A 3D-Printed Future

Morgan O'Rourke


May 2, 2013

3dOf all the technology in the Star Trek universe, I always thought the replicator was the coolest. Sure the transporter and the phaser got more screen time, but for everyday practicality, it to was hard to beat a machine that could instantly produce whatever you wanted.

So when I first read about 3D printing a few years ago, I was pretty excited. A printer that produces physical objects may not be as elegant as a replicator, but the concept of creating something out of nothing was basically the same. More importantly, this machine was real. But like many new technologies of the digital age, the promise of 3D printing is counterbalanced by its potential to be a disruptive force that could alter manufacturing as we know it.

For those unfamiliar with 3D printing, which is also known as additive manufacturing, the idea is fairly simple. Just as a traditional printer recreates a digital document by spraying ink onto paper, a 3D printer uses a computer-aided design (CAD) file as a guide as it sprays powdered, molten or liquid plastic, metal and other materials in successive layers to form objects.

According to Cornell University professor Hod Lipson and technology writer Melba Kurman, authors of the new book, Fabricated: The New World of 3D Printing, the possibilities of 3D printing are theoretically endless. With the right design file and the proper printing ingredients (along with some technological improvements), 3D printing could reproduce everything from basic manufactured goods to food, medication, replacement body parts and even entire buildings.

Today, however, 3D printing is more commonly used to create industrial prototypes, along with jewelry, art, toys and other one-of-a-kind trinkets. But this will change quickly as the technology progresses and becomes more affordable. Basic printers designed for home hobbyist use, currently retail for just over $2,000, but the technology research firm Gartner predicts that enterprise-class printers will be available for under $2,000 within the next three years. And as 3D printing becomes more widespread, traditional manufacturers will increasingly be faced with new problems.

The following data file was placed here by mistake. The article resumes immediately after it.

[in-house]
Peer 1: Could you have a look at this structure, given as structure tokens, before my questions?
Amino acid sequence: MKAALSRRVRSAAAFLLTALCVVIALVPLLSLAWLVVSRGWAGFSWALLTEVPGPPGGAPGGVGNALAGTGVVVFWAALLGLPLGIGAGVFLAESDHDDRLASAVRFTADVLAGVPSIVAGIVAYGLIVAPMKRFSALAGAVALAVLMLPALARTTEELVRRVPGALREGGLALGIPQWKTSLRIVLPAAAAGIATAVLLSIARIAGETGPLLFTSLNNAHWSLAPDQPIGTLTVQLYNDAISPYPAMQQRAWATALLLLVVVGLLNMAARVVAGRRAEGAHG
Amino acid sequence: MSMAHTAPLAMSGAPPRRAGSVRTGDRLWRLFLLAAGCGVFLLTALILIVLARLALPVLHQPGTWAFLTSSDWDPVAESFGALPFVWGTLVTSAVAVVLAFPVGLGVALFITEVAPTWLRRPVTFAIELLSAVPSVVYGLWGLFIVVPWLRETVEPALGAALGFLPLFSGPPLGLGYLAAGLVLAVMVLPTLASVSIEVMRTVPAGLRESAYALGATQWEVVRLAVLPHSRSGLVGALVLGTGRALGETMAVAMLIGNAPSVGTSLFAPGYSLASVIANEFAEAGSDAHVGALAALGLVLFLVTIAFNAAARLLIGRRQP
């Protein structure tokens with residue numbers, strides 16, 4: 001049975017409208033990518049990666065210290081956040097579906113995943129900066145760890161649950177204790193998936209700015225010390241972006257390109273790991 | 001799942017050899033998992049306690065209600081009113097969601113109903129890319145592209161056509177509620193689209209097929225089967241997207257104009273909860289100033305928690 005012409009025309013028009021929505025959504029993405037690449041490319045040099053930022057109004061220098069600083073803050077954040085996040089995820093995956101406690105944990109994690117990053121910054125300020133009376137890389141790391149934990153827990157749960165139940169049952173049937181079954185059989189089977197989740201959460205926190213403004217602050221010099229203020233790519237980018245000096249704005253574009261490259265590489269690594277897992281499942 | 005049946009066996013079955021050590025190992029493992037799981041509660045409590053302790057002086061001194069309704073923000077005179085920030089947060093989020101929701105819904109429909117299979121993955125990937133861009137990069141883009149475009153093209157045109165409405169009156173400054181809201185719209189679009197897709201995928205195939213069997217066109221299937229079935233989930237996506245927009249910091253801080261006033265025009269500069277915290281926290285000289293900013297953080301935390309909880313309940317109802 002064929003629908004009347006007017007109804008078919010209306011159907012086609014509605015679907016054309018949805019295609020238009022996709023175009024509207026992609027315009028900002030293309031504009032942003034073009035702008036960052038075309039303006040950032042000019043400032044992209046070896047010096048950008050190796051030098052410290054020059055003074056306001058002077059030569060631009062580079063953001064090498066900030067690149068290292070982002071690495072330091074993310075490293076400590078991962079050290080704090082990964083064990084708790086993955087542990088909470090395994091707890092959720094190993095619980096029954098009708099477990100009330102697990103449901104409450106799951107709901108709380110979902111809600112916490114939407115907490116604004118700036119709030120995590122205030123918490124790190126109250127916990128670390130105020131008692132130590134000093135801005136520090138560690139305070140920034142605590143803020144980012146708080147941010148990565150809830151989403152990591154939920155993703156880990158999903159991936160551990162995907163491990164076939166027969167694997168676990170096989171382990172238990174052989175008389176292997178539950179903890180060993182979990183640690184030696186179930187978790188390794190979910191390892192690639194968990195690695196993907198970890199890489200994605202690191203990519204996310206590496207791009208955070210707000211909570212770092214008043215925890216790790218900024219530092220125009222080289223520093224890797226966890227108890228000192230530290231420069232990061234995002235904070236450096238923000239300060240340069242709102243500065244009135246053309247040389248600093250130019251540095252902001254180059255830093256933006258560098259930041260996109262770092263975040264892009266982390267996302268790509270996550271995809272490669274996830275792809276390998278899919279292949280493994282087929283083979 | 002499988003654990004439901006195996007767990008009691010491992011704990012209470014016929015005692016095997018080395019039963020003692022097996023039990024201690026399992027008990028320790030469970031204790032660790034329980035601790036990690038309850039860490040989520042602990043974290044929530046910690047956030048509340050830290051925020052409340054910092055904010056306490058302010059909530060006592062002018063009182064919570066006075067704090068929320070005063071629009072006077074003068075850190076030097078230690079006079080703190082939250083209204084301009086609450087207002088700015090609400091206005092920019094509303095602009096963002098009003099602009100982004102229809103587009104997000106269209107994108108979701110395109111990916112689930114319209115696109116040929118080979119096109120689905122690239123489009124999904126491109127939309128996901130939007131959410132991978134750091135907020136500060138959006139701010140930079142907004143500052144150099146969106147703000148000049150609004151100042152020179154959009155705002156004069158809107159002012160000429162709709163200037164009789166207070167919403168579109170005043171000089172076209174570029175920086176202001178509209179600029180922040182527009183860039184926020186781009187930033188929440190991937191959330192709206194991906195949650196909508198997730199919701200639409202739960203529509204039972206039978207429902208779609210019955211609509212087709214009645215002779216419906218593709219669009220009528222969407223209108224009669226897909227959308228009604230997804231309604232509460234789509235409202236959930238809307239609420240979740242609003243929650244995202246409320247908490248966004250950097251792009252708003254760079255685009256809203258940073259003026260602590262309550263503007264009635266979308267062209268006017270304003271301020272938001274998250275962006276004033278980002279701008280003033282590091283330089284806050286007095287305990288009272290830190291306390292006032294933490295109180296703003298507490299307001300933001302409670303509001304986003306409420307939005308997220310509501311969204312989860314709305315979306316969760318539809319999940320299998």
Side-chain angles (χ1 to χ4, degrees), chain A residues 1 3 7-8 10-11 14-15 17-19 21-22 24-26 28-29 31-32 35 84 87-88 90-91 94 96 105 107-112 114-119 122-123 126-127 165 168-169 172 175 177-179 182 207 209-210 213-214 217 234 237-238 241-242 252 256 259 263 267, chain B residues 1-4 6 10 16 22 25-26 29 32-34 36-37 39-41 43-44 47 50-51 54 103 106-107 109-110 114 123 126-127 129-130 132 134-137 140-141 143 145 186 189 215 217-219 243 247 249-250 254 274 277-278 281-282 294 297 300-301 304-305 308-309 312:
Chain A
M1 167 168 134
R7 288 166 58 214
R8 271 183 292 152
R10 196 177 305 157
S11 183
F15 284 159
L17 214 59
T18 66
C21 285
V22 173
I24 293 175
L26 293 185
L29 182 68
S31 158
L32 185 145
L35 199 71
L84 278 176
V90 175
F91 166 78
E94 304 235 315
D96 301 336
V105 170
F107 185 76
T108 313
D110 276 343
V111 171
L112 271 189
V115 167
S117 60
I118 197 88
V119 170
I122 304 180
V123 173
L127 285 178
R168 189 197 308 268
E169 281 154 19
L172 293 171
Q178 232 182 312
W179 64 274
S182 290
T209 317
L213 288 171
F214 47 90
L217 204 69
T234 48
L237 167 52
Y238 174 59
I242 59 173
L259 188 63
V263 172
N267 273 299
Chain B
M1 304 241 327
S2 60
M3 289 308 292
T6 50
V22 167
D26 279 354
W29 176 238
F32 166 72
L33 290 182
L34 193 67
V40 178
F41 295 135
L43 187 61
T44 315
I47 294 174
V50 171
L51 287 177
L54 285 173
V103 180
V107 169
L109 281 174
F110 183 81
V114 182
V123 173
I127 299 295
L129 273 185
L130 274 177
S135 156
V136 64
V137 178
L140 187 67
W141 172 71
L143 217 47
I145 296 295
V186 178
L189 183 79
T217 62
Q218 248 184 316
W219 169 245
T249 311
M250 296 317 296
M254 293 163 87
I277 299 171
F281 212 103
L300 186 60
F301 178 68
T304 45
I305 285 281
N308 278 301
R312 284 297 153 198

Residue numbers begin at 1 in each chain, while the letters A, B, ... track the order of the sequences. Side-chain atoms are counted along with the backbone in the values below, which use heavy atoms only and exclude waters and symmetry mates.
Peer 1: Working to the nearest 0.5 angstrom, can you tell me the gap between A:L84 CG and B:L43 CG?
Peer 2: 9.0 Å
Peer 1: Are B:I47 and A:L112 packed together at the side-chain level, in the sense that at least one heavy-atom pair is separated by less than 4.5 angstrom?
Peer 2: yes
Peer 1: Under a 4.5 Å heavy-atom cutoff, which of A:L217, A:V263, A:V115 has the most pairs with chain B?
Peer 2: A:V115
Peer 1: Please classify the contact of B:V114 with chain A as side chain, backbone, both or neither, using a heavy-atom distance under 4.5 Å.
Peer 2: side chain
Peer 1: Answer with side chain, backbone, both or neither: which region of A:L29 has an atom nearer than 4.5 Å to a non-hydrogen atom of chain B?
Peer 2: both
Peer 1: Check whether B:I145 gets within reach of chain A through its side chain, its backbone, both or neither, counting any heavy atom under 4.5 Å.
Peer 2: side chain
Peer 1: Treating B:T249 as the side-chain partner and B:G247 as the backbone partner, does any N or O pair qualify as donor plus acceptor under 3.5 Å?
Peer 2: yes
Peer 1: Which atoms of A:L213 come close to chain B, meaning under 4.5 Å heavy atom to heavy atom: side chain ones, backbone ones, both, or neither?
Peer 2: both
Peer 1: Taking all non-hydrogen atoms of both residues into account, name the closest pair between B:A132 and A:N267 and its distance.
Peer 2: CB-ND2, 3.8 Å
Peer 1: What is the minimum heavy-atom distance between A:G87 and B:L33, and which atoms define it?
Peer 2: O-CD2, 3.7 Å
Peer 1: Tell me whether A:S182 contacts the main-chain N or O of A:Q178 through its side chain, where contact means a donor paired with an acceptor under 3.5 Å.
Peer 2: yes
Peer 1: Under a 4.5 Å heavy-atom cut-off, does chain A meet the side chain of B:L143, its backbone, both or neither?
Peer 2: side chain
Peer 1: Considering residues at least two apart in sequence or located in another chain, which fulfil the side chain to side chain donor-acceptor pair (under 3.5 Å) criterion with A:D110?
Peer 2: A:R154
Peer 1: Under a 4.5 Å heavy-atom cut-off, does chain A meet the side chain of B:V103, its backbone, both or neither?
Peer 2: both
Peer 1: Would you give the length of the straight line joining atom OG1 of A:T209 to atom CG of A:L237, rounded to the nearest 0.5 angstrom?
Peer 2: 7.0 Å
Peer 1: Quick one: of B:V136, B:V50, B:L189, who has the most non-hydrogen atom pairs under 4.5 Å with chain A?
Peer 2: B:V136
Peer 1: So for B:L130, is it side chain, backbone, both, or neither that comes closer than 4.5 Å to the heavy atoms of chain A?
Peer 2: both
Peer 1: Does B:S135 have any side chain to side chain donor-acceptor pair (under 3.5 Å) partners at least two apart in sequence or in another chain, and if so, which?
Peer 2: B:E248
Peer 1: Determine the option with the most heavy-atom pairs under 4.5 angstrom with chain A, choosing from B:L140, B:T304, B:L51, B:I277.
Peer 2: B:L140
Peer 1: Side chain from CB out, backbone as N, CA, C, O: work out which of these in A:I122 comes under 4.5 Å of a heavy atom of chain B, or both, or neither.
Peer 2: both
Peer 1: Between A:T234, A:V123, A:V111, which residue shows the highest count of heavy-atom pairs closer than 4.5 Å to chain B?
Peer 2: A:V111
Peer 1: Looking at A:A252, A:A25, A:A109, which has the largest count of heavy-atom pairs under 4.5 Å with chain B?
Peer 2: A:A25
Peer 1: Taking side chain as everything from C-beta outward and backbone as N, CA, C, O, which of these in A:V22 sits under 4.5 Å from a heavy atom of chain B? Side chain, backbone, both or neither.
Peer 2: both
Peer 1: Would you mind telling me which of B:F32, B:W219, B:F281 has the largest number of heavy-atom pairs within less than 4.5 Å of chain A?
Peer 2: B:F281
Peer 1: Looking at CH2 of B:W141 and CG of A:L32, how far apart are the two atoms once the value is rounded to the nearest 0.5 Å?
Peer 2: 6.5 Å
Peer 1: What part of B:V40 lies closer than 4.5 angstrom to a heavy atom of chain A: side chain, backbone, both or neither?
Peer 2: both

The main issue is one of relevance. If consumers one day possess the ability to print their own products, why would they need to give their money to traditional manufacturers (and retailers for that matter)? Manufacturers could point to the uniqueness of their products, but the cautionary tale offered by the music industry demonstrates how well consumers respect intellectual property rights when cheaper alternatives become readily available. The piracy of digital design files generated from sophisticated scans of patented and trademarked goods could easily become as widespread as the illegal distribution of music files was over the last decade. Protecting intellectual property will quickly become a larger issue, and policing violations will be difficult.

In fact, websites have already sprung up with the intention of housing any and all 3D printing design files, regardless of copyright or legal claims. DEFCAD, for instance, is currently being designed primarily as an open-source search engine for 3D printed gun parts, but in an introductory video, its founder said that it “stands against artificial scarcity, intellectual property, copyright, patentable objects and regulation in all its forms” and that it will provide “the things that institutions and industries have an interest in keeping from us—things like access, medical devices, drugs, goods, guns.” Basically, just as The Pirate Bay was to illegal media file sharing, DEFCAD, and any sites like it, will be to 3D printing designs.

Lipson and Kurman argue that perhaps this new technology will require us to reassess outdated intellectual property laws and come up with alternatives more suited to society’s current needs and capabilities. This is easier said than done. The problem is that determining just what would be effective will take time and since 3D printing is still in its infancy, there is little incentive for the establishment to debate new regulations for situations that haven’t come up yet. Of course, record companies thought the same thing, and their inability to react to digital file sharing cost them billions while they watched Apple’s iTunes remake the industry without them.

Ready or not, 3D printing is poised to hit the mainstream. The question for manufacturers, then, is will it be an evolution or a revolution?

Morgan O’Rourke is editor in chief of Risk Management and director of publications for the Risk & Insurance Management Society, Inc. (RIMS)